“Enemy Aliens” in Our Midst
at Calandra Institute

Italian residents were deemed "enemy aliens" and were required to carry passbooks.
Clara Orsini, twelve years old, was in seventh grade when government agents came to her home one day and, without warning, took her mother and grandfather away. A powerful foreign enemy had shocked America, and at home a nation’s traditional civil liberties were cast aside in the name of domestic security. The year was 1941.

Now, more than 60 years later, the Italian American Museum, in collaboration with CUNY’s John D. Calandra Italian American Institute at Queens College, is presenting an exhibition, “Prisoners in Our Own Home: The Italian American Experience as America’s Enemy Aliens,” that explores the highly topical subject of the fate of Italians’ civil liberties during World War II.

The exhibit examines the profiling of more than 600,000 Italian residents as “enemy aliens” during the War. It will run through February 2003 at the Museum at 28 West 44th Street and then travel to schools across the city.

“As we today struggle to preserve civil liberties and ensure homeland security, we cannot forget the lessons of the past when our nation targeted populations, such as Italian immigrants, solely because of ethnic background or country of origin,” said Dr. Philip Cannistraro, Distinguished Professor of Italian American Studies at Queens College and the Graduate Center, at the opening ceremony. Cannistraro also serves as Executive Director of the Calandra Institute.

In New York City, home to the nation’s largest Italian American population and led by Italian American Mayor Fiorello LaGuardia, Italian immigrants were photographed, fingerprinted, and registered with the Department of Justice and the FBI. The government told Italian resident aliens to stay off the streets after dark, and daytime travel was restricted. Italian resident aliens in the city carried bright pink enemy alien passbooks, with photo ID and fingerprint. Spoken Italian in public places was officially discouraged.

In Washington, D.C. the Attorney General decreed that an Italian’s “enemy alien” status alone was tantamount to probable cause, effectively suspending Fourth Amendment protection from unreasonable search and seizure. Mothers, laborers, opera stars, even the Yankees’ Joe DiMaggio felt the sting of the “enemy alien” act: it applied to DiMaggio’s father, a fisherman, who was prohibited as an enemy alien from plying his trade or even visiting his son’s waterside restaurant in San Francisco.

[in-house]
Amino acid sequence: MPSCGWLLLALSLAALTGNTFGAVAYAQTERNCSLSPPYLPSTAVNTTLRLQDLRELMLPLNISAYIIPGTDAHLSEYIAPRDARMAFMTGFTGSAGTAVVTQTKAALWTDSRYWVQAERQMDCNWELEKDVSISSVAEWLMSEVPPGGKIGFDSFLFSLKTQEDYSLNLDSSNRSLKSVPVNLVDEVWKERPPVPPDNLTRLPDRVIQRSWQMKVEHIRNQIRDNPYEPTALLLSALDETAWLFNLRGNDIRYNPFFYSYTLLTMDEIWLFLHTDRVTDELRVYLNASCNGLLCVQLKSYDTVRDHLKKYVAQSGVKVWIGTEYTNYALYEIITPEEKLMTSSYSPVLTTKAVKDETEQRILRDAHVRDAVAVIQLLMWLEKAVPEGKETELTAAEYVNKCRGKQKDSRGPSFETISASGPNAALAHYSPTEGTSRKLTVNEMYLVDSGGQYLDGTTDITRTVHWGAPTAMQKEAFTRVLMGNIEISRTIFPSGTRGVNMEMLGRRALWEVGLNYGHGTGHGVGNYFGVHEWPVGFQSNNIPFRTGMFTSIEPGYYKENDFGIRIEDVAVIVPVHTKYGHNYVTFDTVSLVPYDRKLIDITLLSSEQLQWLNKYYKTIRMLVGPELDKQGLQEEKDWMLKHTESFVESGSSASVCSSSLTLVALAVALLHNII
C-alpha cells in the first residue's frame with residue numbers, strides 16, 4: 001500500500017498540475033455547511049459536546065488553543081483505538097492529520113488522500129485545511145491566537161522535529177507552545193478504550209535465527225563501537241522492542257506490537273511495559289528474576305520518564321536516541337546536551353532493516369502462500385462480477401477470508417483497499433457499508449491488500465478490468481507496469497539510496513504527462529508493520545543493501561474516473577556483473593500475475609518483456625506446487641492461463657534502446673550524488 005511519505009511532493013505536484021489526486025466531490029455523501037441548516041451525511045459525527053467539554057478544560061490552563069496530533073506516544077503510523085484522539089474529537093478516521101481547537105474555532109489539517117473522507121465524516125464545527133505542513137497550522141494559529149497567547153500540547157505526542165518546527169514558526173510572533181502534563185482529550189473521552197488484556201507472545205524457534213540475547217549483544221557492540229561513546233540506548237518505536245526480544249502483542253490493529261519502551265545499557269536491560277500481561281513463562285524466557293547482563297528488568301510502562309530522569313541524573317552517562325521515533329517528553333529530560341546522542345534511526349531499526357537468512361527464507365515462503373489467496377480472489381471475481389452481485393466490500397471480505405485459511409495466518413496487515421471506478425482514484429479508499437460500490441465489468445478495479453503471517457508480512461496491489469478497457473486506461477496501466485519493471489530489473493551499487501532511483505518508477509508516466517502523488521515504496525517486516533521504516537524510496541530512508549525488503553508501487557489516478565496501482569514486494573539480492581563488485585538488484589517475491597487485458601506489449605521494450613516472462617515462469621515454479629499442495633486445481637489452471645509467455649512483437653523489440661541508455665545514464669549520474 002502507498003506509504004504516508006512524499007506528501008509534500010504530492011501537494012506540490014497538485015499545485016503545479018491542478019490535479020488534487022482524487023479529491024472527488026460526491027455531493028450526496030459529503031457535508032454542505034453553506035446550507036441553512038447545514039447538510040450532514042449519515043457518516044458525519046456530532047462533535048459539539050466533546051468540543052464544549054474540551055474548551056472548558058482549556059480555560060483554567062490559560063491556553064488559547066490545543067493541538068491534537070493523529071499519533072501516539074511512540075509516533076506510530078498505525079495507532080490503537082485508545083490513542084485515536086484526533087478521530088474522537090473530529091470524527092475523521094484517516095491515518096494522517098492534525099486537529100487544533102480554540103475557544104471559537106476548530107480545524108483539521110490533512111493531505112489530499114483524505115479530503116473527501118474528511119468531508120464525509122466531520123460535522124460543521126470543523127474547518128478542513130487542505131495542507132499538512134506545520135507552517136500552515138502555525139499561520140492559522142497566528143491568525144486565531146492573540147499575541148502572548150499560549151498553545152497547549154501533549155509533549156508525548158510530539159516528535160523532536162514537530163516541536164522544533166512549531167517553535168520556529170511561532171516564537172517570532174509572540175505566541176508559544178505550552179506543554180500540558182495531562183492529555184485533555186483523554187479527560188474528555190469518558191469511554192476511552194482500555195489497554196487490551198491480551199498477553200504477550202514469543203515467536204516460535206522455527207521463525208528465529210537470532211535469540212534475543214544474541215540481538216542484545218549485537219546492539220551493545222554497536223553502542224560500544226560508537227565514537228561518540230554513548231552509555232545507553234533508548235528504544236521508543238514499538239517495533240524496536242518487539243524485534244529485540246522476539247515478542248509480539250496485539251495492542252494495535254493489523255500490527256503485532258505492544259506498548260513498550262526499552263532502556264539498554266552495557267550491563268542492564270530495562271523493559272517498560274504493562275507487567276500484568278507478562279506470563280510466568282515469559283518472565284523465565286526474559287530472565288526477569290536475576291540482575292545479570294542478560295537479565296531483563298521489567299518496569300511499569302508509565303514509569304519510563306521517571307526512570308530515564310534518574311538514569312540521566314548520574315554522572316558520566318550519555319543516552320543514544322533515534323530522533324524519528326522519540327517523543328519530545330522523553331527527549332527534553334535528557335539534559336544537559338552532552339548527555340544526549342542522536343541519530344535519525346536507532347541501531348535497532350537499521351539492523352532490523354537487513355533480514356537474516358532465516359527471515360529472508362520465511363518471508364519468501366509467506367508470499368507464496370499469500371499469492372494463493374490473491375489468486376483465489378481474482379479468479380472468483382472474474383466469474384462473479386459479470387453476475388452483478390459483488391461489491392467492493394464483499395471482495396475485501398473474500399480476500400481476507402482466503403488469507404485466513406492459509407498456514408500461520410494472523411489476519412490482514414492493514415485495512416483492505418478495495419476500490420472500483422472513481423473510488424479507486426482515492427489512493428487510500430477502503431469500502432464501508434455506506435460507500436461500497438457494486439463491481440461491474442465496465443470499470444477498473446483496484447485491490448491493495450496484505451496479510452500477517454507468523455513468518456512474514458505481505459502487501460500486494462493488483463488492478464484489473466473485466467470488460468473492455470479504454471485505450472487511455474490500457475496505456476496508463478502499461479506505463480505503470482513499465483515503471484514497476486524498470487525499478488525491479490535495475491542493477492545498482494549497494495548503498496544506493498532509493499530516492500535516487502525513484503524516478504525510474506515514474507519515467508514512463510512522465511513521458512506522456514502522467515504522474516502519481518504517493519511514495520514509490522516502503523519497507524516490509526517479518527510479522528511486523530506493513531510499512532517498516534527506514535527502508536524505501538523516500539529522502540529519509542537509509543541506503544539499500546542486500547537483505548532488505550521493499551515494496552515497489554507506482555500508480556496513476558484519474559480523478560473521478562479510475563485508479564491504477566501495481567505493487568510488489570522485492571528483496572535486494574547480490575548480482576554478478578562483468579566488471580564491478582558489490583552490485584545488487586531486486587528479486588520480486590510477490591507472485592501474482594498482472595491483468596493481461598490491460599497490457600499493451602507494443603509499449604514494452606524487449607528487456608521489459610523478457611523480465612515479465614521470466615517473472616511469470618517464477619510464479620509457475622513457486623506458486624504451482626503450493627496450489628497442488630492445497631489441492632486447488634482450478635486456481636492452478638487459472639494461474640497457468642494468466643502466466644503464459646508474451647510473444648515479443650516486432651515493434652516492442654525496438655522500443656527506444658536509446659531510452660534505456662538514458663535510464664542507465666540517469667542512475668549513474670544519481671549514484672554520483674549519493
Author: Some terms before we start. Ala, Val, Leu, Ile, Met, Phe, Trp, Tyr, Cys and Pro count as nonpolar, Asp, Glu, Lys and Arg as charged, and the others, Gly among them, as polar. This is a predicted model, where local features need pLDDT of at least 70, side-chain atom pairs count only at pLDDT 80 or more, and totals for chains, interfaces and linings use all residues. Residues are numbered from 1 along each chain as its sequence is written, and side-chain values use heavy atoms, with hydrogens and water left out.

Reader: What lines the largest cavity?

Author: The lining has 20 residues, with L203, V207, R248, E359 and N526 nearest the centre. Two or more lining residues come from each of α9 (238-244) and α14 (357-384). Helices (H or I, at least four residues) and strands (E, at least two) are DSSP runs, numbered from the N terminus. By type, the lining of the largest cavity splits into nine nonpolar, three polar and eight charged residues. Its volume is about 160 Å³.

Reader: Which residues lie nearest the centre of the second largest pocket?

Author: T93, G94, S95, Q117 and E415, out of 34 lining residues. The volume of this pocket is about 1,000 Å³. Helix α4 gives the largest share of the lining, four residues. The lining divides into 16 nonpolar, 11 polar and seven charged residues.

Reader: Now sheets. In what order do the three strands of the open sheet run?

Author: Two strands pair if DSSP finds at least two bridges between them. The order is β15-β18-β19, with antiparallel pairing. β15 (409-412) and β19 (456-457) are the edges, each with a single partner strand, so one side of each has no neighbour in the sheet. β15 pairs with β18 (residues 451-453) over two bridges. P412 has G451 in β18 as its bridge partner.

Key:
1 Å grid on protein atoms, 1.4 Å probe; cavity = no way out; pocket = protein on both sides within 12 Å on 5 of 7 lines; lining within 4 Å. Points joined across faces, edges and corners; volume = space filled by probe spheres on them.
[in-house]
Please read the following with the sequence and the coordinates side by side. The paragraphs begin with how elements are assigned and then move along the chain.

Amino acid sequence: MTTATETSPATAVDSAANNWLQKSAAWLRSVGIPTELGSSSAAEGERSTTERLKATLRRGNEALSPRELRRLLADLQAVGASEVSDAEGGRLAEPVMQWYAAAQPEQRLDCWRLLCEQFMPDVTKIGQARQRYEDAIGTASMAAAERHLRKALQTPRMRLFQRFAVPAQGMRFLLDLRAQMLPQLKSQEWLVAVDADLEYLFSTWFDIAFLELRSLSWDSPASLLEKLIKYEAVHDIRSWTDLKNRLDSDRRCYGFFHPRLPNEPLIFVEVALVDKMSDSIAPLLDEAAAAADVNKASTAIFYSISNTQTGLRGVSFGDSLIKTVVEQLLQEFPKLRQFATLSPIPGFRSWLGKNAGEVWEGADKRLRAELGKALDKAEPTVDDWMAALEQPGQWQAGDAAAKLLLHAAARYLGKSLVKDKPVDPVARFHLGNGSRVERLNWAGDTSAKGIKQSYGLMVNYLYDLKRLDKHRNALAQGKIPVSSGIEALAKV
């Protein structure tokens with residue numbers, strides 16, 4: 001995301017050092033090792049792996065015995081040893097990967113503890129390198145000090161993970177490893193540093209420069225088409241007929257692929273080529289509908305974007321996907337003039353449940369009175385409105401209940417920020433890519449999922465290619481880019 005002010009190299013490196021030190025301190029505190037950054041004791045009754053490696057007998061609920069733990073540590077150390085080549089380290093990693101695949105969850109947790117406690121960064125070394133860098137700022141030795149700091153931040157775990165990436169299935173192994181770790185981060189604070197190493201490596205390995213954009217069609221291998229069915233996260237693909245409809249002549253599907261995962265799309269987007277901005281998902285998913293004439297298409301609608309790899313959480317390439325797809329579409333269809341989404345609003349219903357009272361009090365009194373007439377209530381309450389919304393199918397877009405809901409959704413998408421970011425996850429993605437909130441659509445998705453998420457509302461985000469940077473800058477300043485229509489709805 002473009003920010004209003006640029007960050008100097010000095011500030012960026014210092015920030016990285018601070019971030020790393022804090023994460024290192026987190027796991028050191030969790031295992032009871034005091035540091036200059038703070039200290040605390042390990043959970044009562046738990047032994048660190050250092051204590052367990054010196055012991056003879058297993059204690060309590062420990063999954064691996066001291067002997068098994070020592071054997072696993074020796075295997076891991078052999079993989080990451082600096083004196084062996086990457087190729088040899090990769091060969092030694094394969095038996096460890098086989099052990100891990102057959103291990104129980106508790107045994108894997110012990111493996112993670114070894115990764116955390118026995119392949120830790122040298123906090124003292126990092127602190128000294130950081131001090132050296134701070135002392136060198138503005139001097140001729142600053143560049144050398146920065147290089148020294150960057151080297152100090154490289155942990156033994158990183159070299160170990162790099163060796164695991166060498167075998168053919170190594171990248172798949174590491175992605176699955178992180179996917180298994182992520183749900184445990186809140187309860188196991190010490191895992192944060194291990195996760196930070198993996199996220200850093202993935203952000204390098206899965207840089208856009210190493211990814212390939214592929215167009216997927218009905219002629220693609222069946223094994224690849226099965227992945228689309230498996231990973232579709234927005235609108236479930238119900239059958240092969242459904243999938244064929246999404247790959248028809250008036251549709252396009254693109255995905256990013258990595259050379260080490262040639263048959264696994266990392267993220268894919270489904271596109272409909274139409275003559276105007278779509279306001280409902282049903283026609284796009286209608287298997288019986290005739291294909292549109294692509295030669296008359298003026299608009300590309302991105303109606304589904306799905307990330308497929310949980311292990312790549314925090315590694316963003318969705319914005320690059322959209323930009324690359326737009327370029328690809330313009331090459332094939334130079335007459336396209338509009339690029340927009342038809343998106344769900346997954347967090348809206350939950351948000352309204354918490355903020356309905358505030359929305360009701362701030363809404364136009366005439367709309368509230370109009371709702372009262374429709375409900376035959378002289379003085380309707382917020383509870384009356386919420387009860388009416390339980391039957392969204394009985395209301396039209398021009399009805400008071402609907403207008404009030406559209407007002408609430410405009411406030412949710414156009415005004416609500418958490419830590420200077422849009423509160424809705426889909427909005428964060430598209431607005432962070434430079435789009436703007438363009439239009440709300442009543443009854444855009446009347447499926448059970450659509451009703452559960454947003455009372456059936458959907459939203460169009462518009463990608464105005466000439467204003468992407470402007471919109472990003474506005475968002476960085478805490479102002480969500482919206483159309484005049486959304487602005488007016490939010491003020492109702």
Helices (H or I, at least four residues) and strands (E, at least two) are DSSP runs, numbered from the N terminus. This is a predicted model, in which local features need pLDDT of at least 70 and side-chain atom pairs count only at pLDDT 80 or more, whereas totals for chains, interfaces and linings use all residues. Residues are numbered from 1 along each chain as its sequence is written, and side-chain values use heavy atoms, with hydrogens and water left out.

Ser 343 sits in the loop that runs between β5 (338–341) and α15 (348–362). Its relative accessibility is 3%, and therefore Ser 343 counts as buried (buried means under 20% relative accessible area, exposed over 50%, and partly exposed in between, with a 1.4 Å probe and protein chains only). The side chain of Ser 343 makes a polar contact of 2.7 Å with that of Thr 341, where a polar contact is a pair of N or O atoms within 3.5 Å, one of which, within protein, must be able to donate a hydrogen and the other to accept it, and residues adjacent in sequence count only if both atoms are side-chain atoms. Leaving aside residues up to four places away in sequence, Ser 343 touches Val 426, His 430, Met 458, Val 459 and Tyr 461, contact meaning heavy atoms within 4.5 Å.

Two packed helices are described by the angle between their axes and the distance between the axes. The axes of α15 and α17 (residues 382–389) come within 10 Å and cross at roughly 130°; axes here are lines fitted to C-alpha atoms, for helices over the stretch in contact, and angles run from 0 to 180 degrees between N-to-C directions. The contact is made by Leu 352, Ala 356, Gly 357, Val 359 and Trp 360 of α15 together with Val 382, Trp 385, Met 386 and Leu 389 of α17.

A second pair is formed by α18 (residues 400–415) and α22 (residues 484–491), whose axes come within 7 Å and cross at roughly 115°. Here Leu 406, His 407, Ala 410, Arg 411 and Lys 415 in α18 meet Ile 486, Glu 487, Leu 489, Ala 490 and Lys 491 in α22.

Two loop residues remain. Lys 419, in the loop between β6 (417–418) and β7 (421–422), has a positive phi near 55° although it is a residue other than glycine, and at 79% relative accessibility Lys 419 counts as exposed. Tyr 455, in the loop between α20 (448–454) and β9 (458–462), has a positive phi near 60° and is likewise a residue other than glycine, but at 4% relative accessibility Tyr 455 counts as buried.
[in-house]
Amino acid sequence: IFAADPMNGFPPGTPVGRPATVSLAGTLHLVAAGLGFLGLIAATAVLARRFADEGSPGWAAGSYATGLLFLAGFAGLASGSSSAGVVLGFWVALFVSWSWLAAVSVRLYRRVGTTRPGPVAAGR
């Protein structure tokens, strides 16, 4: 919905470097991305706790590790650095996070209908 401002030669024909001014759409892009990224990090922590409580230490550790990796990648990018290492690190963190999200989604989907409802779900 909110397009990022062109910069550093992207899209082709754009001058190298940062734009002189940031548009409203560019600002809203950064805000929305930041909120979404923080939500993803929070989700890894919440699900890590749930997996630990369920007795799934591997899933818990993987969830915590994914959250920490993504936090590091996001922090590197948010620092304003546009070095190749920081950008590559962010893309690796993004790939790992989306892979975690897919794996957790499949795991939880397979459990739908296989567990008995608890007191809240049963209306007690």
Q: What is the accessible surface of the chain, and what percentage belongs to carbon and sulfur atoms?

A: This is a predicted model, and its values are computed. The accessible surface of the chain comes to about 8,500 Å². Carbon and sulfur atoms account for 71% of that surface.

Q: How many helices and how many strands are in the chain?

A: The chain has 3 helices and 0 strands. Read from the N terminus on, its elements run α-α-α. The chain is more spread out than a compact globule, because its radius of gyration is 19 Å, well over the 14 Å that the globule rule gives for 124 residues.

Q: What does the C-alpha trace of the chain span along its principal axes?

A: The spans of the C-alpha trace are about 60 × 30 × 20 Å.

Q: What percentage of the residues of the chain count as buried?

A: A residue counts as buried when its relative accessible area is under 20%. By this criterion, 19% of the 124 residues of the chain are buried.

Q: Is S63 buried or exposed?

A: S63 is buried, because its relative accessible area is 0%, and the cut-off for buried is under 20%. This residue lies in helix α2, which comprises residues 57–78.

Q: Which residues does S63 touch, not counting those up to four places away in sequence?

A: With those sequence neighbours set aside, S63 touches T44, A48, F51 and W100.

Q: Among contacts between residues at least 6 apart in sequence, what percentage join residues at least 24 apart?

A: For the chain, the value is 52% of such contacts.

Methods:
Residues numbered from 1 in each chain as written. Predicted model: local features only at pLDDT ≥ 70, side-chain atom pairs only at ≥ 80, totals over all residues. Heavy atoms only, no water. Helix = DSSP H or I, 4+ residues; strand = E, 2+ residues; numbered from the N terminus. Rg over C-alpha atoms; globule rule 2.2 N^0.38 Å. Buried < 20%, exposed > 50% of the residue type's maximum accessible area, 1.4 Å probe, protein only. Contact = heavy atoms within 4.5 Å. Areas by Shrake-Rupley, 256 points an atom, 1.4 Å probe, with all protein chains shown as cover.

The exhibit is open M-F between 10 a.m. and 4 p.m. Educators will also be able to access documents, download curriculum and view lesson plans by visiting the museum website (www.ItalianAmericanMuseum.org), where a virtual tour will be available. For further information contact the Italian American Museum at 212-642-2020.

 

 

Contents October 2002

$7.5M State Grant Launches Incubator Network

Students Reaping Benefits of Technology Fee

Georgian Elegance, 21st-Century Technology Joined in Reborn Brooklyn College Library

Launching LaGuardia Students Toward Animal Planet

From ’60s Activist Ranks to Executive Suite

Digging the City’s Past

Poet Laureate Collins Takes his Cue on Evil

A WWII Mobilization in The Tale of The Ticker

Subversive Feminist Julia De Burgos Celebrated at Hostos

Italian "Enemy Alien" Experience in WWWII

Museum at Queens College Spans Six Centuries of Art

Celebrating Scholarly “Pleasures of the Mind”

Valued Vets Toasted at the Central Office

CUNY Responds to Powell’s Call for More Minority Diplomats

LaGuardia and Lehman Honored for Freshman Year Programs

Former Brooklyn College Philosopher Turns Philanthropist